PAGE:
Daily Fishing and Outdoor Report
(Donations are graciously accepted – and badly needed. Jay Mann, 222 18th Street, Ship Bottom, NJ 08008-4418)Weather is perfect, with winds coming out of the north – and picking up a tad. It should be enough to stir the shoreline. Onshore winds (related to Carolina low) should hike up the bass potential through much of the upcoming week. North winds aren’t as much a striper spark as southerlies but they could bring large rogue bass into casting distance for surfcasters.
I talked with Barnegat Light Mike down at Barnegat Bait and Tackle, he said the bass bite was decent over the weekend. He also helped me out by tracking down the opening date of what is essentially togging season. Start training your crabs for a November 14 launch date. After that you can keep 6 fish. As I’ve oft noted in here, there are a great many folks – myself amongst – who feel blackfish are as challenging and hard fighting a species as we have.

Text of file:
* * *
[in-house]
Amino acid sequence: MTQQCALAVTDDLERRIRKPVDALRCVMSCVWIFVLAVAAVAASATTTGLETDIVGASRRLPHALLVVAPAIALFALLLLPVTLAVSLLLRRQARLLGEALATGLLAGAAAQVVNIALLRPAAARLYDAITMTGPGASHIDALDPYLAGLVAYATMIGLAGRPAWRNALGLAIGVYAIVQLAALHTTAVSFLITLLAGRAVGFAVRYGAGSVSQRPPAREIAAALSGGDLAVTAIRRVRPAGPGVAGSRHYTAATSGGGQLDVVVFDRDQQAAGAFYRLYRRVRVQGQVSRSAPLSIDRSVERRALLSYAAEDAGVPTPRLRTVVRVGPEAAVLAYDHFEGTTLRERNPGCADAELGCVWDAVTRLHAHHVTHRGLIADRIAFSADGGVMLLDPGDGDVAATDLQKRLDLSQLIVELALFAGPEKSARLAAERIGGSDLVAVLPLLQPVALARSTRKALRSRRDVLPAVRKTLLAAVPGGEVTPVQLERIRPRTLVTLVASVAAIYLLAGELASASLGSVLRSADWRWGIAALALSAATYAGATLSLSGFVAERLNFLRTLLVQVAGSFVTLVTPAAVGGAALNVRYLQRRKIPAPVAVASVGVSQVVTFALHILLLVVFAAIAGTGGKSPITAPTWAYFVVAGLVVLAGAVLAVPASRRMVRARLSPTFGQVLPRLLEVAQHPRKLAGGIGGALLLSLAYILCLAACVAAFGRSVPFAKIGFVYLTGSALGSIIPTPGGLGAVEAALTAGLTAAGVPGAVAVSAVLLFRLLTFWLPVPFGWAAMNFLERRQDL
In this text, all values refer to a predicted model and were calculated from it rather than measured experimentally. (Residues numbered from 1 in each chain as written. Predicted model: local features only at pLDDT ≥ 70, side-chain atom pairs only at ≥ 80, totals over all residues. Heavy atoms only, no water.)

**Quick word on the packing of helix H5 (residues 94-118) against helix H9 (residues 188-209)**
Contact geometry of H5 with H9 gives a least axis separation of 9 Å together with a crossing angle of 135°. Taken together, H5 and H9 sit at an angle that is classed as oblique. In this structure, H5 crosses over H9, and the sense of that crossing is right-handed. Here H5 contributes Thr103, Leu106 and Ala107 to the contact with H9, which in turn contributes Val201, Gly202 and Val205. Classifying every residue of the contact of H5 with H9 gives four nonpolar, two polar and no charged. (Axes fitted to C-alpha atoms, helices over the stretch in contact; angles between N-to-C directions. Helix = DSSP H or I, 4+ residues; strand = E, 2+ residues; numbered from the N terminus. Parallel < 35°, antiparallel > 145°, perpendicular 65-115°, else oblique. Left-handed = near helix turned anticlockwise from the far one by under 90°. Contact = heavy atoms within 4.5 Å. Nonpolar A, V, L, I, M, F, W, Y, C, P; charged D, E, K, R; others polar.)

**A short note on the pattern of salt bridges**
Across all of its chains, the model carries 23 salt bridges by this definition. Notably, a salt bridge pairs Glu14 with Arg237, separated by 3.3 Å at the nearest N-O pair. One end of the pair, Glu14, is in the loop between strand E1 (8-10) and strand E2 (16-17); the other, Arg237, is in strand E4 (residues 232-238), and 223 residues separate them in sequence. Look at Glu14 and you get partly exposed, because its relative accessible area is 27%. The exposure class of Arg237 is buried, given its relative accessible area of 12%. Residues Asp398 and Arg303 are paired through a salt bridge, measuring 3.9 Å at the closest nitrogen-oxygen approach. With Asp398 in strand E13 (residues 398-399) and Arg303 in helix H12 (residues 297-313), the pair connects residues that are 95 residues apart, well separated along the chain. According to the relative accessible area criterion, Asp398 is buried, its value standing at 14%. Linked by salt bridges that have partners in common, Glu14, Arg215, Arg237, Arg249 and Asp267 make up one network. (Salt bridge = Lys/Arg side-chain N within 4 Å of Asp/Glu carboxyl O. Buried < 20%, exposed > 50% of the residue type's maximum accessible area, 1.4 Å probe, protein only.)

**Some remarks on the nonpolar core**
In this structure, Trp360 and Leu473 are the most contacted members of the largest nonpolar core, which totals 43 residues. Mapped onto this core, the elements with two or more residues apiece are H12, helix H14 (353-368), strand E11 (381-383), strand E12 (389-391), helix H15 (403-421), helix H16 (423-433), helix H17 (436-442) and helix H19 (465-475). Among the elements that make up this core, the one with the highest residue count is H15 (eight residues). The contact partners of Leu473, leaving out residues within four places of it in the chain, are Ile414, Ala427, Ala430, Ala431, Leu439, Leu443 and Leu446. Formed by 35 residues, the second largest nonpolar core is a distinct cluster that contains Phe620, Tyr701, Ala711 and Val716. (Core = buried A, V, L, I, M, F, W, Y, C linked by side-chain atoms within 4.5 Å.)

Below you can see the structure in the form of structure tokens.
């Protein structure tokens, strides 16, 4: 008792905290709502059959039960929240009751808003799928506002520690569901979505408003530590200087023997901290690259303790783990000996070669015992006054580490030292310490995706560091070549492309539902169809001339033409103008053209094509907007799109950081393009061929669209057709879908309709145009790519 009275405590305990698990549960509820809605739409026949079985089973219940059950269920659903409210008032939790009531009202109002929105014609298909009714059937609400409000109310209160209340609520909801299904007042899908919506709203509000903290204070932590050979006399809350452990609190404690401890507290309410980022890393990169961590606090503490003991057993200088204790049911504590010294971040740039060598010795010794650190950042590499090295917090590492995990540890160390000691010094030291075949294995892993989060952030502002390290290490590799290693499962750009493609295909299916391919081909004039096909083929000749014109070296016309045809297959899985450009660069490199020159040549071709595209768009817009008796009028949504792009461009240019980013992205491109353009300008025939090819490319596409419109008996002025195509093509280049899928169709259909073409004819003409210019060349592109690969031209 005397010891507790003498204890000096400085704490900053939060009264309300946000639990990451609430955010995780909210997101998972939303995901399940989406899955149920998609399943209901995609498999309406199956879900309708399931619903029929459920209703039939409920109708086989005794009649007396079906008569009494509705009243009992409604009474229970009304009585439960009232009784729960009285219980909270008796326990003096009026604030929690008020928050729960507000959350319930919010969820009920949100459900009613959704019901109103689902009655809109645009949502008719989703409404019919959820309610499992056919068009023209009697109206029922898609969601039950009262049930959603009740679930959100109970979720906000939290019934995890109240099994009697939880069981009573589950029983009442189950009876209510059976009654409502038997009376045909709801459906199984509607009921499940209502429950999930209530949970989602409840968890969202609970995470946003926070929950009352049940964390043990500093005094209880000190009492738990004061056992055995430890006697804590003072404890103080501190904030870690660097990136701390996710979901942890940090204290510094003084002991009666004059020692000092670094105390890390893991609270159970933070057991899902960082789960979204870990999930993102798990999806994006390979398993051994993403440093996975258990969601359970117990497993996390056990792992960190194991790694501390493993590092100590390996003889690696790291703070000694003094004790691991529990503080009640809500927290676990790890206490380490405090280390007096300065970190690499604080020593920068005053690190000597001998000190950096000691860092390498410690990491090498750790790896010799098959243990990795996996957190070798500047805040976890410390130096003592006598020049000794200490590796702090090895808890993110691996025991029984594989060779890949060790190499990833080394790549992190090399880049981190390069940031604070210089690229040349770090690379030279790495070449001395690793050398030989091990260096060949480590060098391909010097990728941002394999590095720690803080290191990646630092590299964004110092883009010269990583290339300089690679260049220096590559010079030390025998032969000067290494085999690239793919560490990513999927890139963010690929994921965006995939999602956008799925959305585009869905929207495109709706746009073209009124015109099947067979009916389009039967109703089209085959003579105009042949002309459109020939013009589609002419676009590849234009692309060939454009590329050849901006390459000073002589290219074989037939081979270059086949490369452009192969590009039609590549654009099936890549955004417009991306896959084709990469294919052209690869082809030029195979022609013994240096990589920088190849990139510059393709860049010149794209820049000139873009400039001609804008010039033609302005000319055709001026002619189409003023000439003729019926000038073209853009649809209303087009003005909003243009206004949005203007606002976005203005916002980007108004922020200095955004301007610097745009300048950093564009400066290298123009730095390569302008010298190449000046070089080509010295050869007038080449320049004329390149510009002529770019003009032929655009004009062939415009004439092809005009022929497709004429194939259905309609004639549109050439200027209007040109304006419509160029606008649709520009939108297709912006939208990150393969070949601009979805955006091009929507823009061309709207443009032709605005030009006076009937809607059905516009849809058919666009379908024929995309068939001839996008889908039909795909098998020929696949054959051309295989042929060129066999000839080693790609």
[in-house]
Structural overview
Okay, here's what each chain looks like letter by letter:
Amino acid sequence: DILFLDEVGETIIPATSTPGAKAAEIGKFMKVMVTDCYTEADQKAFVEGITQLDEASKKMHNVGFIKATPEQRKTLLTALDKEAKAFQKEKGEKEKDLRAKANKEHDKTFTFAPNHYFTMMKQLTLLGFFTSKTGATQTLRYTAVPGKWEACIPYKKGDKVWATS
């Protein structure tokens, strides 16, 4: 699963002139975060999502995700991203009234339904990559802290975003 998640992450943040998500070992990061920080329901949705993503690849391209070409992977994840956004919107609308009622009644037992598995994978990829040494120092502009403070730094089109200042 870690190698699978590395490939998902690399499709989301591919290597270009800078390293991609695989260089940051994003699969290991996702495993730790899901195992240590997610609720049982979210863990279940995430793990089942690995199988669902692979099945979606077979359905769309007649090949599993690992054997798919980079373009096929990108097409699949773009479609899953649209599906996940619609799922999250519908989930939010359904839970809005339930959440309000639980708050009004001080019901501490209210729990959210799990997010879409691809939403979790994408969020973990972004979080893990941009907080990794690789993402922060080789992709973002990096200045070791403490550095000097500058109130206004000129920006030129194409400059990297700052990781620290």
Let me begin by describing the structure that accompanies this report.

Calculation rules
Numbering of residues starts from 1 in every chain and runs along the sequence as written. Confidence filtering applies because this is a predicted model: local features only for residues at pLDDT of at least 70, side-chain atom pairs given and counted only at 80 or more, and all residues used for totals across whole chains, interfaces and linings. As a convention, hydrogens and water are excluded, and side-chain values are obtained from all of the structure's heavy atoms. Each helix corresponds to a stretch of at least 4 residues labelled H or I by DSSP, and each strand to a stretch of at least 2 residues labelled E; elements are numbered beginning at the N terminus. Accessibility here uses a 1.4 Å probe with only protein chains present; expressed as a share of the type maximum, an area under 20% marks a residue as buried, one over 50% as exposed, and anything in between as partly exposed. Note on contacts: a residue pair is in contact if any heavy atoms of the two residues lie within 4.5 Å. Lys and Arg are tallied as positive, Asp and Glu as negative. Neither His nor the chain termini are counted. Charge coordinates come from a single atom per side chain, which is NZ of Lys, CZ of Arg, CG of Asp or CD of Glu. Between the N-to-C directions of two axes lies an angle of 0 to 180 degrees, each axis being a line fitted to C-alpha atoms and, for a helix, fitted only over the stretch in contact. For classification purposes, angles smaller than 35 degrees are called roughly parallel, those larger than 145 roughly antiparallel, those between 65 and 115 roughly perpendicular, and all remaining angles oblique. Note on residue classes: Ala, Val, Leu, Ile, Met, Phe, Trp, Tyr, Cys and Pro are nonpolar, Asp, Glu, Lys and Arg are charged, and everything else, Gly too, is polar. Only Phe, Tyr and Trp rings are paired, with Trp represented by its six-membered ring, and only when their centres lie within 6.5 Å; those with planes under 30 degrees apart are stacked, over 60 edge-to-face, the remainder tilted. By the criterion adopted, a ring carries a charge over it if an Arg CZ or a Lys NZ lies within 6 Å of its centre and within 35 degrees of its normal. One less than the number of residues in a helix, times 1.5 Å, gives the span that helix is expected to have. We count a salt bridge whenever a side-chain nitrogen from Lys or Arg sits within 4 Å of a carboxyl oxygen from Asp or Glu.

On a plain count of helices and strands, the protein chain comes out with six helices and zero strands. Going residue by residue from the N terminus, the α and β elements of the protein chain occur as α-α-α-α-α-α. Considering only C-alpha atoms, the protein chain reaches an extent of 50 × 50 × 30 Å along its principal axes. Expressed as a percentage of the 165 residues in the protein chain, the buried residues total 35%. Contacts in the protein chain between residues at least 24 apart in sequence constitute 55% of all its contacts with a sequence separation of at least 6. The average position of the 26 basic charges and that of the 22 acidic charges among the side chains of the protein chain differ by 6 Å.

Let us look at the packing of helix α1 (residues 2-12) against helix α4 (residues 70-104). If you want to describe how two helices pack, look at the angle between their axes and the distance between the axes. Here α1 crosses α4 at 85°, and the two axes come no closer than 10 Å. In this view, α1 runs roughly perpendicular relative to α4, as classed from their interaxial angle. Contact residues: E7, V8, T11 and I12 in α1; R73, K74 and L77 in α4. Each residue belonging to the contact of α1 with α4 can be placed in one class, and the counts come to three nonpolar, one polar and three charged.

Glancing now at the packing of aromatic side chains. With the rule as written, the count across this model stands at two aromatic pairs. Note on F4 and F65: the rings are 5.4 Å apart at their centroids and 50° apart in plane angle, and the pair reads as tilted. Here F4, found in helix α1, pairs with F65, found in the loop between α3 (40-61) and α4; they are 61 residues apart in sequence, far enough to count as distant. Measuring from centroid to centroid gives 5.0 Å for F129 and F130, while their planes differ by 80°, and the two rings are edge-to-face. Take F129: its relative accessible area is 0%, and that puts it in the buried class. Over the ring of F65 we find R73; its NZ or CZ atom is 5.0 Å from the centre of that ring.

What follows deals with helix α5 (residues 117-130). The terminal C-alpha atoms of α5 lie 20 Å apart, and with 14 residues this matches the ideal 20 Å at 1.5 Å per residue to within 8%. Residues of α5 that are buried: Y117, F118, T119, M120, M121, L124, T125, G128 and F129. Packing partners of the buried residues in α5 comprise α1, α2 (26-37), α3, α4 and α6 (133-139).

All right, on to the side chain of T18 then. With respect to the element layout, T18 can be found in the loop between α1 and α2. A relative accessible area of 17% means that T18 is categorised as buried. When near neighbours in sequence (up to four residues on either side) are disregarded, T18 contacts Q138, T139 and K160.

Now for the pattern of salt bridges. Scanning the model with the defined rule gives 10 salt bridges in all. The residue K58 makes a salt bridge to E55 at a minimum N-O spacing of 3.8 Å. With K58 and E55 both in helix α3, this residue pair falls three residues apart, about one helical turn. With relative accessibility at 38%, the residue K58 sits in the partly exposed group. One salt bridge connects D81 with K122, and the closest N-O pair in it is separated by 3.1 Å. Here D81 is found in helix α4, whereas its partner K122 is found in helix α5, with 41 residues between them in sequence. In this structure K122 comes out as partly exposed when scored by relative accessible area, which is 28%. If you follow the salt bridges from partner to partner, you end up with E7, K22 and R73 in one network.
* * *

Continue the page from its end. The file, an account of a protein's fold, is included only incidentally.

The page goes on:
Two folks emailed that they took large bass – one near 30 pounds – on plugs. Both were using black artificials. One was a Bomber. The other – bigger bass – was a custom-made swimmer.
If anyone knows the finals for the Sea Shell Striped Bass Derby please email me those finishes -- ASAP – so I can them in here.
Here’s the results for the Red Men Striper tourney. :
The Improved Order of Red Men Tribe #61 held their Annual Striped Bass Tournament October 22-23-24, 2010.
This 10TH Anniversary Dedicated to the Memory of Robert R Suralik Sr. had 34 Boats participate.
Over the years, this Event has donated over $10,000 to Benefit the Pinelands Scholarships.
CONGRATULATIONS TO ALL PARTICIPANTS!
The Winners are:
STRIPED BASS (two fish):
Lucky Stripes/Capt. Mike Greene 79.94 lbs
Reel Crazy/Capt. Bob Conrad 68.62 lbs
Angler/Capt. Oley Zhushma 64.56 lbs
Long Point/Capt. Bob Rutter 41.90 lbs 49 ½ ”
Blue Fish (one fish):
XXX/Capt. Tom Lutzi 13.01 lbs
Lucky Stripes/Capt. Mike Greene 10.08 lbs
Good Times/Capt. Jim Kelly 0.47 lbs
Michael Quintenz, Mason Griffiths, Deven Waldron, Darren Waldron, Matt Beswick, Tom Hartley, Autumn Hartley, Sam Hutchinson, Dylan Hutchinson
BUGGY BANTER: If you get stuck in the sand, the Island is serviced by South Shore Towing, (609) 597-9964.
“I just got a used ‘buggy’ (SUV) the owner had never driven off road. I got stuck as soon as I drove on the beach. Yes, I took air out. The four-wheel drive had gone out. The former owner made good with repairs. Now I’m worried this is going to be a chronic problem. Any insights?”